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Nikon AF Fine Tuning
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I thought AF fine tuning is for some camera nerds, or someone who is lucky enough to have gotten a camera (one out of a million) that somehow slipped by a camera manufacturer's quality assurance inspection process. No! Two of my Nikons (D300 and D7000) needed a fair amount of AF fine tuning. No kidding...
If you google the web, you will find many sites describing how to fine tune your AF camera - provided your DSLR camera offers AF fine tuning. Many describe more less the same method, using a test chart of one kind or another, tilted 45 degrees toward the camera. The main difficulty is that it is not easy to specify where the camera is supposed to be focusing - because a camera's focus area (one AF sensor) is relatively large. Only Nikon site recommends focusing on the plane surface (like a book) facing straight to the camera, combined with the tilted chart.
In all cases, the idea is that even if the AF focus is off a bit, some point on the tilted chart must be in sharp focus. Depending on whether the sharpest point is closer to or farther than the intended focus point, you adjust your camera's AF fine tuner accordingly.
There are two issues. 1) It is not easy to determine where the intended focus point is. 2) Looking at the chart, it is often not clear where the image is the sharpest, especially when testing a wide angle lens.
After testing a few methods, I came up with my own way to do AF fine tuning - and this is the easiest. I will describe it using my Nikon cameras,
a cereal box (the side where the nutritional info is printed)
Note that AF
fine tuning influences a wide-angle lens more than a telephoto lens.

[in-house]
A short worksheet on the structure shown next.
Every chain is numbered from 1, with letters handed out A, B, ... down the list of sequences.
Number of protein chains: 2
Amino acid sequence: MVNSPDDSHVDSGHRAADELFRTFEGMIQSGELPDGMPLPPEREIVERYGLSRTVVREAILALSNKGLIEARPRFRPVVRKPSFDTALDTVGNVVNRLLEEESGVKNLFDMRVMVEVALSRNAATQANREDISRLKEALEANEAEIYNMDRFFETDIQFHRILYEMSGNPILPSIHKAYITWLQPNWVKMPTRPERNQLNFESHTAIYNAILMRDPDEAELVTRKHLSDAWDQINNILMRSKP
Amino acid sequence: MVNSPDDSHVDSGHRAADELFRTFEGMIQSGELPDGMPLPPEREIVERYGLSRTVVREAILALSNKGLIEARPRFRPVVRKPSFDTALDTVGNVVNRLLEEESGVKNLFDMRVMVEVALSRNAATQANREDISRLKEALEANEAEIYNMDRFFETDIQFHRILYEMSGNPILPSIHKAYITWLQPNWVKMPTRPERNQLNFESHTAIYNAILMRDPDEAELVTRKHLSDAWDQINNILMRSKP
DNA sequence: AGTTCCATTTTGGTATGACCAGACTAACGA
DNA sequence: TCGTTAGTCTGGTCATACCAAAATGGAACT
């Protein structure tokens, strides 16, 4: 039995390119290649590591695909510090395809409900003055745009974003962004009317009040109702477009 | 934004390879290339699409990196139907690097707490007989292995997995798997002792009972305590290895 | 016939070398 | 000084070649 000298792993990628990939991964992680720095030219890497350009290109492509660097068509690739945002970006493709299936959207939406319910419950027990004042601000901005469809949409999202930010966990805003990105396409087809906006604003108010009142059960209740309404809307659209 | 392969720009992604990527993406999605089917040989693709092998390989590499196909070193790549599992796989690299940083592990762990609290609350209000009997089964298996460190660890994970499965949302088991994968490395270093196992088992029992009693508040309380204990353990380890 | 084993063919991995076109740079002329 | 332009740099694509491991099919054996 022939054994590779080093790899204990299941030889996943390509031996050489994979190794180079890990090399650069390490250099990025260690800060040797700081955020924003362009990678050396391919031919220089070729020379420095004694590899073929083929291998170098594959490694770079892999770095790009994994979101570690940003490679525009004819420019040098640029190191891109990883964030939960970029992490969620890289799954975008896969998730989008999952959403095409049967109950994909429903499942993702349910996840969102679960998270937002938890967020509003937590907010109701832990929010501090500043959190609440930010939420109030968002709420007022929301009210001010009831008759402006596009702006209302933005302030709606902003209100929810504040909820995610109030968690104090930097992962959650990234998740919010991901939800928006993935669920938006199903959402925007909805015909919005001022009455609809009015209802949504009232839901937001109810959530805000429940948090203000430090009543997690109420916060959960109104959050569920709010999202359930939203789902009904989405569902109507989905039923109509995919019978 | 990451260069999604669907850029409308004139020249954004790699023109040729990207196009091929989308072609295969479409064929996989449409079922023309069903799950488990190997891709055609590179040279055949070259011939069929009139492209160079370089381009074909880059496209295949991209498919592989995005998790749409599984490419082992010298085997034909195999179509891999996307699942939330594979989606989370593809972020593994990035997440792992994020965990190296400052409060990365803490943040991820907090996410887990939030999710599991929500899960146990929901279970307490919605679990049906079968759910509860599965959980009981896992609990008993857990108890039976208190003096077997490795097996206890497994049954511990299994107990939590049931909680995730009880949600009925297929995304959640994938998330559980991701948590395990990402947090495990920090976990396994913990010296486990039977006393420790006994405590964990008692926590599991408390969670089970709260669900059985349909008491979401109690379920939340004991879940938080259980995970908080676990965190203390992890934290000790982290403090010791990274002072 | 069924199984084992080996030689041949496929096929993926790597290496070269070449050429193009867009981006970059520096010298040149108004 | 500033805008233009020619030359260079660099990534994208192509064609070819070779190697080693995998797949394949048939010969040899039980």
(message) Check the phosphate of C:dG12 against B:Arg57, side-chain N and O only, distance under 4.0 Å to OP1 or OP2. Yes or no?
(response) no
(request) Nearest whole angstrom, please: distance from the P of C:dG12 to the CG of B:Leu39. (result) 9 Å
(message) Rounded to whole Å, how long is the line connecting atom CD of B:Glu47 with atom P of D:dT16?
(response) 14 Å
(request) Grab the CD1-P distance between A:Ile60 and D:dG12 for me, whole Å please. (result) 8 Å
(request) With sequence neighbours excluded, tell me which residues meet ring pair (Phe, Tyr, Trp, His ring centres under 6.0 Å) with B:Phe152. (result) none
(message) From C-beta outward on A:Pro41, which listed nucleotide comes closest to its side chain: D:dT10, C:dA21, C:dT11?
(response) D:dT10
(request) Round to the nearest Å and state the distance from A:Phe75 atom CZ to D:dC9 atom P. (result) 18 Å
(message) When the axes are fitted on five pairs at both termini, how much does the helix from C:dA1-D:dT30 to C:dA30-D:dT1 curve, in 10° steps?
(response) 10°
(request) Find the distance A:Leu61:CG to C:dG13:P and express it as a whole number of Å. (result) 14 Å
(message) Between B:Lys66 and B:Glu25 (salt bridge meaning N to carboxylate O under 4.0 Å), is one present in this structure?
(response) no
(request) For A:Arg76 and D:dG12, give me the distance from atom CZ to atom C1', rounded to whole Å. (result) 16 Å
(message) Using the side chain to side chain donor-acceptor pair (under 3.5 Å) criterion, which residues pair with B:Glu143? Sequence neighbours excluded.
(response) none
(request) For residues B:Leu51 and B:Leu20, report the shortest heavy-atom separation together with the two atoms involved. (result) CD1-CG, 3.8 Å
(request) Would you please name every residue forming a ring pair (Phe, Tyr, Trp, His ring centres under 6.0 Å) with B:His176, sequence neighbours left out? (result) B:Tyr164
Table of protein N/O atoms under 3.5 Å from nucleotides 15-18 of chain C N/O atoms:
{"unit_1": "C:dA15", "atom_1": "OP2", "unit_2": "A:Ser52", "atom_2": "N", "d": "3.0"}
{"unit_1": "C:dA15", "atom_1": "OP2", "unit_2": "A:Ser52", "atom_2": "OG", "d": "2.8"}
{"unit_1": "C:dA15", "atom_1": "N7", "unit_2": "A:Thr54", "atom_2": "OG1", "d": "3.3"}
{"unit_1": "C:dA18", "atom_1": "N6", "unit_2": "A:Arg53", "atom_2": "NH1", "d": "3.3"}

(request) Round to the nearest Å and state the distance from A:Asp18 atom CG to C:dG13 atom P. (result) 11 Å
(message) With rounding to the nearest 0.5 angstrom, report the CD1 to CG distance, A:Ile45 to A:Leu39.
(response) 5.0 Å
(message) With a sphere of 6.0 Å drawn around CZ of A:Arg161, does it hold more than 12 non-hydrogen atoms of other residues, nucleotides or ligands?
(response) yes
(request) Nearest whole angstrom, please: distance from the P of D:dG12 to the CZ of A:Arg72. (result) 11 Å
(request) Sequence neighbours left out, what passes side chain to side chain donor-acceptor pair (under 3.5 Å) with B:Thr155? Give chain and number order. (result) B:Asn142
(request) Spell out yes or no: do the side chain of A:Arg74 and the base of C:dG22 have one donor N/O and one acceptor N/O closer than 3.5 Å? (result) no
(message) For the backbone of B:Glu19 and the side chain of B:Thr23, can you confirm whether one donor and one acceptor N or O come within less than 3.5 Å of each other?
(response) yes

In order to do this test, you must know the AF fine tuning procedure specific to your camera.
Nikon camera allows you to choose one of +20 .... 0 .... -20 fine-tuning values for a given lens. Camera remembers one value for each different CPU lens (max 20 lenses). Whatever value you set or re-set, you are setting the value for the lens currently attached to the camera.
Turn the AF on (both camera & lens). Set AF to Single AF mode (not Continuous) and select the smallest AF area. Keep it in the frame center.
Aim the AF area on the cereal box of your choice. (The nutritional info area is a good target.)
Using the AF fine tuning procedure above, turn the AF fine tune ON (1).
Then go to Saved value (2), and set the value to, say, -10, and OK, and
shoot the cereal box. Then try -15, OK, and shoot, and so on.
This way, you can easily compare which image is the sharpest. The AF fine tune value used for the sharpest image is the one you should stick to for this lens.
Probably you should first try -20, -15, -10, 0, +5, +10, +15, +20 to see what kind of images you get. Then narrow down the range to, say, 0, -1, -2, -3,... -10.
All you have to do is to shoot (one shot) for a different AF fine tune value and compare the result to see which one comes out the sharpest. This method is more accurate than 45 degree tilted chart shooting, and much easier to do. No PC uploading is necessary. Good luck!
AF Zoom 18-55mm, @18mm, Aperture F3.5 wide open.
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